Having said all that, I actually enjoyed myself for 2 hours. It takes the right frame of mind to get through movies like this, but if you are in that rare form, well, you can sit back and just enjoy the carnage. Pay full price? No no no... but matinee or gift card worthy? Not exactly. BUT! Make it a double feature, and then yes, passable

** out of 5

Earth (2007/9)

James Earl Jones - Narrator

Based on a previously released tv series known as Planet Earth, the feature film version in the United States carries voice over work from James Earl Jones, and details through voice and amazing photography the incredible Earth on which we live.

With over 4000 days of shooting edited down to 90 minutes, much is left on the cutting room floor. What is presented to us is breath-taking views of all the wonderous nature we rarely witness, from migrating birds flying high over the Himalayan peaks to baby mallarads taking their first flights to melting ice caps wreaking havoc on polar bears.

If you like documentary style films that are not preachy but mearly present nature in all its ups and downs, you could do a lot worse than Earth. Unfortunately, the film is basically a re-telling and re-clipping of the mini series on tv, meaning if you have seen any of it before this film will feel a bit re-hashed. If seeing it for the first time, it makes the grade but certainly shouldn't make anyone's top list of documentaries.

*** out of 5

Saturday, May 2, 2009

A Movie Review: The Great Buck Howard

The Great Buck Howard (2008/9)
Director - Sean McGinly

John Malkovich – Buck Howard
Colin Hanks – Troy Gable
Emily Blunt – Valerie Brennan

The Great Buck Howard is a film told through the eyes and voice of Troy Gable (Colin Hanks), a young man heavily pressured by his father to become a lawyer, though it is clear from the start that such a conventional career path is not in the cards. Troy answers a job ad and finds himself face-to-face with “The Great Buck Howard” (John Malkovich) the famed ‘mentalist’ and magician who is well past his prime. Still, Buck Howard is doing his thing, playing to small, but enthusiastic crowds of people in small towns around America, and he needs a new assistant. This is where the story begins.

Malkovich immerses himself into the role of the once-great man who feverishly announces just how much “I love this town!” and “I love these people!” at each and every show. The man himself is never really revealed to us, as we move through this film as an observer, but we do care for him, and we do feel for him. Howard, as we come to learn, appeared on “The Tonight Show with Johhny Carson” dozens of times, but was never called once in the 10 year run up to Carson’ retirement. He never really understood why and we never really know either, but we can guess that it is simply a changing of the guard. The acting here is superb and each person who moves in and out of Howard’s life is subject to a potential thrashing with the tongue, as only Malkovich can do. Whether it is the wrong type of water or the wrong reporters being present, Buck wants things his way or it’s the highway.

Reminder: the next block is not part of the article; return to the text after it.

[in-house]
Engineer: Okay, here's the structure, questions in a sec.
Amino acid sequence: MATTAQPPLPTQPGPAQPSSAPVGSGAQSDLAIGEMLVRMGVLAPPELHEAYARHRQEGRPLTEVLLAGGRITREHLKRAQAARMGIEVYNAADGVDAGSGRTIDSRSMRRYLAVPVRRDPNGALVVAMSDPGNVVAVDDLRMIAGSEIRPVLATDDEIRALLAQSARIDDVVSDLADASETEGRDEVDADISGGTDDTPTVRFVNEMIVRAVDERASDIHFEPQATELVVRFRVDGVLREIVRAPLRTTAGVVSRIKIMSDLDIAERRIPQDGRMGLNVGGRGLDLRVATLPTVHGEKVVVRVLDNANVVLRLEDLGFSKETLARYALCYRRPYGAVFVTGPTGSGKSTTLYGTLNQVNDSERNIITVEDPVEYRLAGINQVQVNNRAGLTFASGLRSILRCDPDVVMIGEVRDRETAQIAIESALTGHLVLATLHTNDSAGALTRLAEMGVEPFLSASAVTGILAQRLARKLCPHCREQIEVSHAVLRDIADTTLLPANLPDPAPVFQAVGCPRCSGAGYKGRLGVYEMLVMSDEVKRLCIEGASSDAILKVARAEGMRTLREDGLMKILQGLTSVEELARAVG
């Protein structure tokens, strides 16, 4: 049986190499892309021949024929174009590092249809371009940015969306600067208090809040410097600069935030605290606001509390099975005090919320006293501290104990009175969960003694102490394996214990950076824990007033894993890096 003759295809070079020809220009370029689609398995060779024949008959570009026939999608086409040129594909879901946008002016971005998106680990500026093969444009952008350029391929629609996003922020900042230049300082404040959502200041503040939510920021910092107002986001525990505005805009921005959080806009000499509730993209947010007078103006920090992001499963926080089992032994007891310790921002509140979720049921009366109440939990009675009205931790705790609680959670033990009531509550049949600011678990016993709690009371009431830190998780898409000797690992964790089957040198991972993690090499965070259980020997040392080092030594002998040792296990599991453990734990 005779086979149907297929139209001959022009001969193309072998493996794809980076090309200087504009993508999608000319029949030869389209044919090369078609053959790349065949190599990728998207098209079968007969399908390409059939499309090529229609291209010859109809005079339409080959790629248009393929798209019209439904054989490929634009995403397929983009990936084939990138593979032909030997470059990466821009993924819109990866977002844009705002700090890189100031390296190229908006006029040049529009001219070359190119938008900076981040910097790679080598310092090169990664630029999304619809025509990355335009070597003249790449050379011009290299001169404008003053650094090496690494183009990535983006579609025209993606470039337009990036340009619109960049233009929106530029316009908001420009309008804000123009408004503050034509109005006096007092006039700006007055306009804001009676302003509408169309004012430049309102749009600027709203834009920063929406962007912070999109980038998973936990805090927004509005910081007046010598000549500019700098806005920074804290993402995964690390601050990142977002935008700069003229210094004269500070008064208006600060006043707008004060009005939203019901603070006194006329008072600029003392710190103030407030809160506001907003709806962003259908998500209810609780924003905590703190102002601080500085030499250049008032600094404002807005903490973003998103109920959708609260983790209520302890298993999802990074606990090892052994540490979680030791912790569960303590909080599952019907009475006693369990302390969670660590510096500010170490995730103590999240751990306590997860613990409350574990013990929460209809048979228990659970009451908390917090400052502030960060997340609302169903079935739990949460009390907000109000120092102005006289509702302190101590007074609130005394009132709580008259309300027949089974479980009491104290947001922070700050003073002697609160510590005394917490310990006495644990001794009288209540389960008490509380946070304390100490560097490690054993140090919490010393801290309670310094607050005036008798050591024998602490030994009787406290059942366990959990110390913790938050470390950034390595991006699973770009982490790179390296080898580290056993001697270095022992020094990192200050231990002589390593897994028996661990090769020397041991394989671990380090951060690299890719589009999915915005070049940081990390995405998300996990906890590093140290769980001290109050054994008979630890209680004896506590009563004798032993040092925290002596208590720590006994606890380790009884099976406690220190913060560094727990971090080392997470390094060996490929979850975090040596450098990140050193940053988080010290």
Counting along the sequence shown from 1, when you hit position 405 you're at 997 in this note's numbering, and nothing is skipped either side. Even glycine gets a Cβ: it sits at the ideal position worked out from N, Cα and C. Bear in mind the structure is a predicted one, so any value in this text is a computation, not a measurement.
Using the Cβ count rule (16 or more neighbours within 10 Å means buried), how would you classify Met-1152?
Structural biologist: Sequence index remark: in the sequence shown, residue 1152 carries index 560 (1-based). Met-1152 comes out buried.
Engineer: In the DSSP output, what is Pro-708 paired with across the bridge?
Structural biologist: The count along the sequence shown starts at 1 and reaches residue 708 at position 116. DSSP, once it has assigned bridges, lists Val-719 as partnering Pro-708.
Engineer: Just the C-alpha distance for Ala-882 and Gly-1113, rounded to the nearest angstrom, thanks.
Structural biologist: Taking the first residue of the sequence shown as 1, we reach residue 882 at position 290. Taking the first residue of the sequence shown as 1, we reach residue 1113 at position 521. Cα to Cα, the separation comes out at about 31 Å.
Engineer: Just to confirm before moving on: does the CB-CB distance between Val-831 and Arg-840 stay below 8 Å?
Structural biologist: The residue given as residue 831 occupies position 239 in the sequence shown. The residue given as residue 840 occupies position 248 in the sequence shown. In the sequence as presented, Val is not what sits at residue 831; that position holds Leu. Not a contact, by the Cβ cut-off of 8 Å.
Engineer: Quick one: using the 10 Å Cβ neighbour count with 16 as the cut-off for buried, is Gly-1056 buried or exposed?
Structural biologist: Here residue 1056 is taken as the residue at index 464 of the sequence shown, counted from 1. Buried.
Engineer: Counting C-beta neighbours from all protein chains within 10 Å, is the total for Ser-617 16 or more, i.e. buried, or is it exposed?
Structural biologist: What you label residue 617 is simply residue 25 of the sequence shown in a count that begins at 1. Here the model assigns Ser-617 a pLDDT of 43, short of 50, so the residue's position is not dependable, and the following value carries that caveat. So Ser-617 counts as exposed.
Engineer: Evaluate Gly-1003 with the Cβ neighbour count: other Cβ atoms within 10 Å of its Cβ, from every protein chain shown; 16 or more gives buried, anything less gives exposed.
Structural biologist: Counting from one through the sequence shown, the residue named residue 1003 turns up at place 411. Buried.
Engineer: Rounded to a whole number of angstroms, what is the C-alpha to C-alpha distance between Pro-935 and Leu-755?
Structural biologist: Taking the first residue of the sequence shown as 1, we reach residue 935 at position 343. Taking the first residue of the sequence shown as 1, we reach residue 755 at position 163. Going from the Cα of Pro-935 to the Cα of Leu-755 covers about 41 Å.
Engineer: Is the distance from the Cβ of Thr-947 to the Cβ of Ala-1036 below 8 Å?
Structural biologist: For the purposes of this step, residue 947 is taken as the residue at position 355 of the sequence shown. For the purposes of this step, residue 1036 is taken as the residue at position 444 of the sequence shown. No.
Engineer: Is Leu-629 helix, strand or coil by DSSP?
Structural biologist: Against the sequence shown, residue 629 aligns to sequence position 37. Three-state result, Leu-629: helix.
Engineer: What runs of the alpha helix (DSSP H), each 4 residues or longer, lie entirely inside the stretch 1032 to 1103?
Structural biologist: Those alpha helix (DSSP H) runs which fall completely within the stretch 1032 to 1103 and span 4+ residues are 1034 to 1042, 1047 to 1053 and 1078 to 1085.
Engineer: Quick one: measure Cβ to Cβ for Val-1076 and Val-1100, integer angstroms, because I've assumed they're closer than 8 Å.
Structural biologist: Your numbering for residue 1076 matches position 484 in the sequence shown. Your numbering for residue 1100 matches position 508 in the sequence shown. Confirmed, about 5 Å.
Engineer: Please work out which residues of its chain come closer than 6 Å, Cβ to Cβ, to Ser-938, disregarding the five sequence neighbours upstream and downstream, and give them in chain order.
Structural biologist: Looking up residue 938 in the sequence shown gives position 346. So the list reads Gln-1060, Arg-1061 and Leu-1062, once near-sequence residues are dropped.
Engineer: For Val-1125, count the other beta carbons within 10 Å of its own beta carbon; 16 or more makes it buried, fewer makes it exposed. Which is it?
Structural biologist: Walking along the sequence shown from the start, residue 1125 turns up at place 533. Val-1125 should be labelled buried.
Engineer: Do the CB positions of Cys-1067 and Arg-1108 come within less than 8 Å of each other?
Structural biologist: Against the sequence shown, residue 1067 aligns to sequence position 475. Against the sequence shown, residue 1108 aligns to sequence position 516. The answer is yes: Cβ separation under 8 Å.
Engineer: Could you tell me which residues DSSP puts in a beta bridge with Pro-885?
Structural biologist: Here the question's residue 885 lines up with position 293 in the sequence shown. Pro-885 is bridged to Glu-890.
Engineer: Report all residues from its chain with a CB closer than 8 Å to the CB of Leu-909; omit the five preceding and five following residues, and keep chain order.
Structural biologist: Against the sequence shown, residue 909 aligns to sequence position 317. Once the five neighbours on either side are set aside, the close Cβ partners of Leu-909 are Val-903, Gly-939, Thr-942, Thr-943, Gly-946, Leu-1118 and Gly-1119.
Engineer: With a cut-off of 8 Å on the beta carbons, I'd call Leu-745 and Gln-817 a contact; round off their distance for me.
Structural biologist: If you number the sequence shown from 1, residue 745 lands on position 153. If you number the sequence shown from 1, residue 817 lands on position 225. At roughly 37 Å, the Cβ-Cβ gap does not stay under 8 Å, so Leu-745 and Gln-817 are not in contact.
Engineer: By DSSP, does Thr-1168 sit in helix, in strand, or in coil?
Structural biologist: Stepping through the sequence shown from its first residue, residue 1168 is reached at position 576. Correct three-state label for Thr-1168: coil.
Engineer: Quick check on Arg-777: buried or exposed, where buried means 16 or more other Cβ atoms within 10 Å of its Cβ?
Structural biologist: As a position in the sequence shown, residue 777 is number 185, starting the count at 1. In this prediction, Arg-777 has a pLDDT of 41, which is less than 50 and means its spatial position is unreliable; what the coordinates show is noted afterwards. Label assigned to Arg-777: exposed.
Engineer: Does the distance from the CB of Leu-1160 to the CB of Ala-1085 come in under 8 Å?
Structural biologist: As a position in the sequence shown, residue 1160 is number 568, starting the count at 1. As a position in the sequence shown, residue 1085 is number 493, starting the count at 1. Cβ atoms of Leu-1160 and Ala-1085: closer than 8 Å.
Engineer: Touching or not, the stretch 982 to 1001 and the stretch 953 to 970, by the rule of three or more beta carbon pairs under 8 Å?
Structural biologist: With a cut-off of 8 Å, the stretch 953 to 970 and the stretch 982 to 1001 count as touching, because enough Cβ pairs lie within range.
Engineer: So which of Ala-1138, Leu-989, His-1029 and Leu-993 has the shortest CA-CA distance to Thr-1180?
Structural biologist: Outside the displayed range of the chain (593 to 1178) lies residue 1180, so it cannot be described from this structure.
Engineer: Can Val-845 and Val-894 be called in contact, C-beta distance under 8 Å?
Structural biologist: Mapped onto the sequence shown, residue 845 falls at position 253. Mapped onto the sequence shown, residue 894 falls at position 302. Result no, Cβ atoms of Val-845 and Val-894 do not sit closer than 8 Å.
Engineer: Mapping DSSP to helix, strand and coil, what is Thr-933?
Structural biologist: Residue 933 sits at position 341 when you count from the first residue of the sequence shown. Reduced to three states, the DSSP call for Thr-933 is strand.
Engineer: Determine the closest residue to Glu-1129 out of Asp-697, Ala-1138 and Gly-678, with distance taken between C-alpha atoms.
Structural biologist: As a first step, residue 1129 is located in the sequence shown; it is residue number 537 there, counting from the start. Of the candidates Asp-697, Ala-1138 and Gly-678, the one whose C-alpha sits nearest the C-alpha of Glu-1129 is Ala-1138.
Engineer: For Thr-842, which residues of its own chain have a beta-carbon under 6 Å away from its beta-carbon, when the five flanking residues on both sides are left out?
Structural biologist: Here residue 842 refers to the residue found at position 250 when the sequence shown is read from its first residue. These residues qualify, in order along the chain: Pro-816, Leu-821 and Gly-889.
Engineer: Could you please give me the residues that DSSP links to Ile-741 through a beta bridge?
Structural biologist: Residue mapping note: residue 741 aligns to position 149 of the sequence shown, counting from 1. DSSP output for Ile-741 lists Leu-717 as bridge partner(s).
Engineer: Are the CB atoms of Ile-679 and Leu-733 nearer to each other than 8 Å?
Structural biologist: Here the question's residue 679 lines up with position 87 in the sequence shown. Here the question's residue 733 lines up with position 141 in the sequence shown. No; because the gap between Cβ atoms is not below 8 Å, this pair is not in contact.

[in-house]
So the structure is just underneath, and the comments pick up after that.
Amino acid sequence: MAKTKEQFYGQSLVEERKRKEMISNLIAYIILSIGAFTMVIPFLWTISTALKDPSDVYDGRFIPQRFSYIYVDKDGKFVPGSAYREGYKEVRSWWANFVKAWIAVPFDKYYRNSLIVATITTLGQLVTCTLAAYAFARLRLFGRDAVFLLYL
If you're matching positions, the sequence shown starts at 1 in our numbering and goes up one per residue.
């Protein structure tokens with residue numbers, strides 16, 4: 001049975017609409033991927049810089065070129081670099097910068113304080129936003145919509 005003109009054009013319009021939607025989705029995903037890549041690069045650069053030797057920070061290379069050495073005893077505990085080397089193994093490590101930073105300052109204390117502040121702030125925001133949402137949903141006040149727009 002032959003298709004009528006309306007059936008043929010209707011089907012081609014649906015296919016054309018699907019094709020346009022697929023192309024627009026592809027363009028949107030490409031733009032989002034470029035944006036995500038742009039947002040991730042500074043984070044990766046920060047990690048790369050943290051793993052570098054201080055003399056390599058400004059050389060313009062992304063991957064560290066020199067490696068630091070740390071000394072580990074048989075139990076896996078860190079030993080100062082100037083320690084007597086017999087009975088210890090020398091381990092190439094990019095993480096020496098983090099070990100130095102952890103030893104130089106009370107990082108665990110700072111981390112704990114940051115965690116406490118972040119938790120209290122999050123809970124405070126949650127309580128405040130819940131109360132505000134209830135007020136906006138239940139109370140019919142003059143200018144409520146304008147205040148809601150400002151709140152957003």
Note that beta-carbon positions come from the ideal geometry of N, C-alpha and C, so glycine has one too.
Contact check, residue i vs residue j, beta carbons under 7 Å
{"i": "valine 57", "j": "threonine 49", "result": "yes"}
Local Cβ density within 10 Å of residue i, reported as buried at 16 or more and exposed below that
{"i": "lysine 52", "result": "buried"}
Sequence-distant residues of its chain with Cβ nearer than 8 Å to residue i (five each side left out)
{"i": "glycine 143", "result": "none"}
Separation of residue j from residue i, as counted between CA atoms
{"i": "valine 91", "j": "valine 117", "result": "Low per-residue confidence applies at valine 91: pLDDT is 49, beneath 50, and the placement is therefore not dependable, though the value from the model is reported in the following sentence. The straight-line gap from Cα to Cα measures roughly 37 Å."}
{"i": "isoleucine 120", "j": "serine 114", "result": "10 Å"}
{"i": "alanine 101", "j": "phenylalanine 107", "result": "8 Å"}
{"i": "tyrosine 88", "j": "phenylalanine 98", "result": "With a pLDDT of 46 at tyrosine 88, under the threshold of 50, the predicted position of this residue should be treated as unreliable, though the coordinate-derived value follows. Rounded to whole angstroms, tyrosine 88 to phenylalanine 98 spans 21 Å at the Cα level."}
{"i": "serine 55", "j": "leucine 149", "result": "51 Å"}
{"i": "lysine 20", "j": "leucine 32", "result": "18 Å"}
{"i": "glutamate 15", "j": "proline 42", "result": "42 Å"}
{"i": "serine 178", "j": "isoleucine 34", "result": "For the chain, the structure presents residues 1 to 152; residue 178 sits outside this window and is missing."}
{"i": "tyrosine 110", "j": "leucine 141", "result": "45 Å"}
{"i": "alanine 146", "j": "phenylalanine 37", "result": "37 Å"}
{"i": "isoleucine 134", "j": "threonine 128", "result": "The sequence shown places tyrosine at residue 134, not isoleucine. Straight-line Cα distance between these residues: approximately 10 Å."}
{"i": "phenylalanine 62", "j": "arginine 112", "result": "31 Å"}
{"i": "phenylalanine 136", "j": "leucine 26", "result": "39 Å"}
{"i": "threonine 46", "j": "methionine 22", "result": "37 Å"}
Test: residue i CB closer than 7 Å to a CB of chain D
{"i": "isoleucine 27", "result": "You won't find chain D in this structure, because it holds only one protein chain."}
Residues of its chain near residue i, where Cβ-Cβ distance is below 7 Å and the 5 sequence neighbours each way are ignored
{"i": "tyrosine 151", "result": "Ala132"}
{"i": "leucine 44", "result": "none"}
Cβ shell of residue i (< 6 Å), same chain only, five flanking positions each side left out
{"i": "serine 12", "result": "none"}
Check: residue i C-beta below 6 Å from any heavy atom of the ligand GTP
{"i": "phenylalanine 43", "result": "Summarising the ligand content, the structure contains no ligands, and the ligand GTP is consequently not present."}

All this talk of a past-his-prime role might lead one to think of last year’s gem, The Wrestler, in which Mickey Rourke beautifully portrays a star wrestler past his prime, playing to small crowds and living a meager life. But it would be unfair to compare these two roles, since we don’t see Buck as a man worn down through time, rather we see a man who is eccentrically happy with his life and career. Sure there are moments of self-reflection in which we genuinely feel that Buck wants to be back on top, but at what cost? A hinge point in the film takes place when, after completing an astounding feat that is to be the big leap to his comeback, Buck finds himself back In Las Vegas, a town he used to play on his own quirky terms. With young gun producers making changes and controlling the routine, we finally see Buck struggle to pull off his most famous money shot trick. But did he really struggle?

Eventually Troy must move on from his job as assistant, but he revisits Buck at one of the many venues he spent so much time at over his career with the aging great showman, and in these final moments we are left with questions that will never be answered about this man or his trade, but ultimately we are left with a smile from ear-to-ear as we realize we are watching a man who does what he does because it is who he is, and that is not often easy to find.

**** out of 5

Clarification of my new rating system moving forward on all reviews:
* = Unwatchable and completely absurd/terrible/stay away/do not watch
** = Not very good. Maybe a stretch or two with some worthwhile moments, but overall trash
*** = Passable. Average. You might say you liked it or kind of liked it.
**** = Ok, now we’re talking. Script and acting in place and the movie does not fail
***** = Must see. All around great film.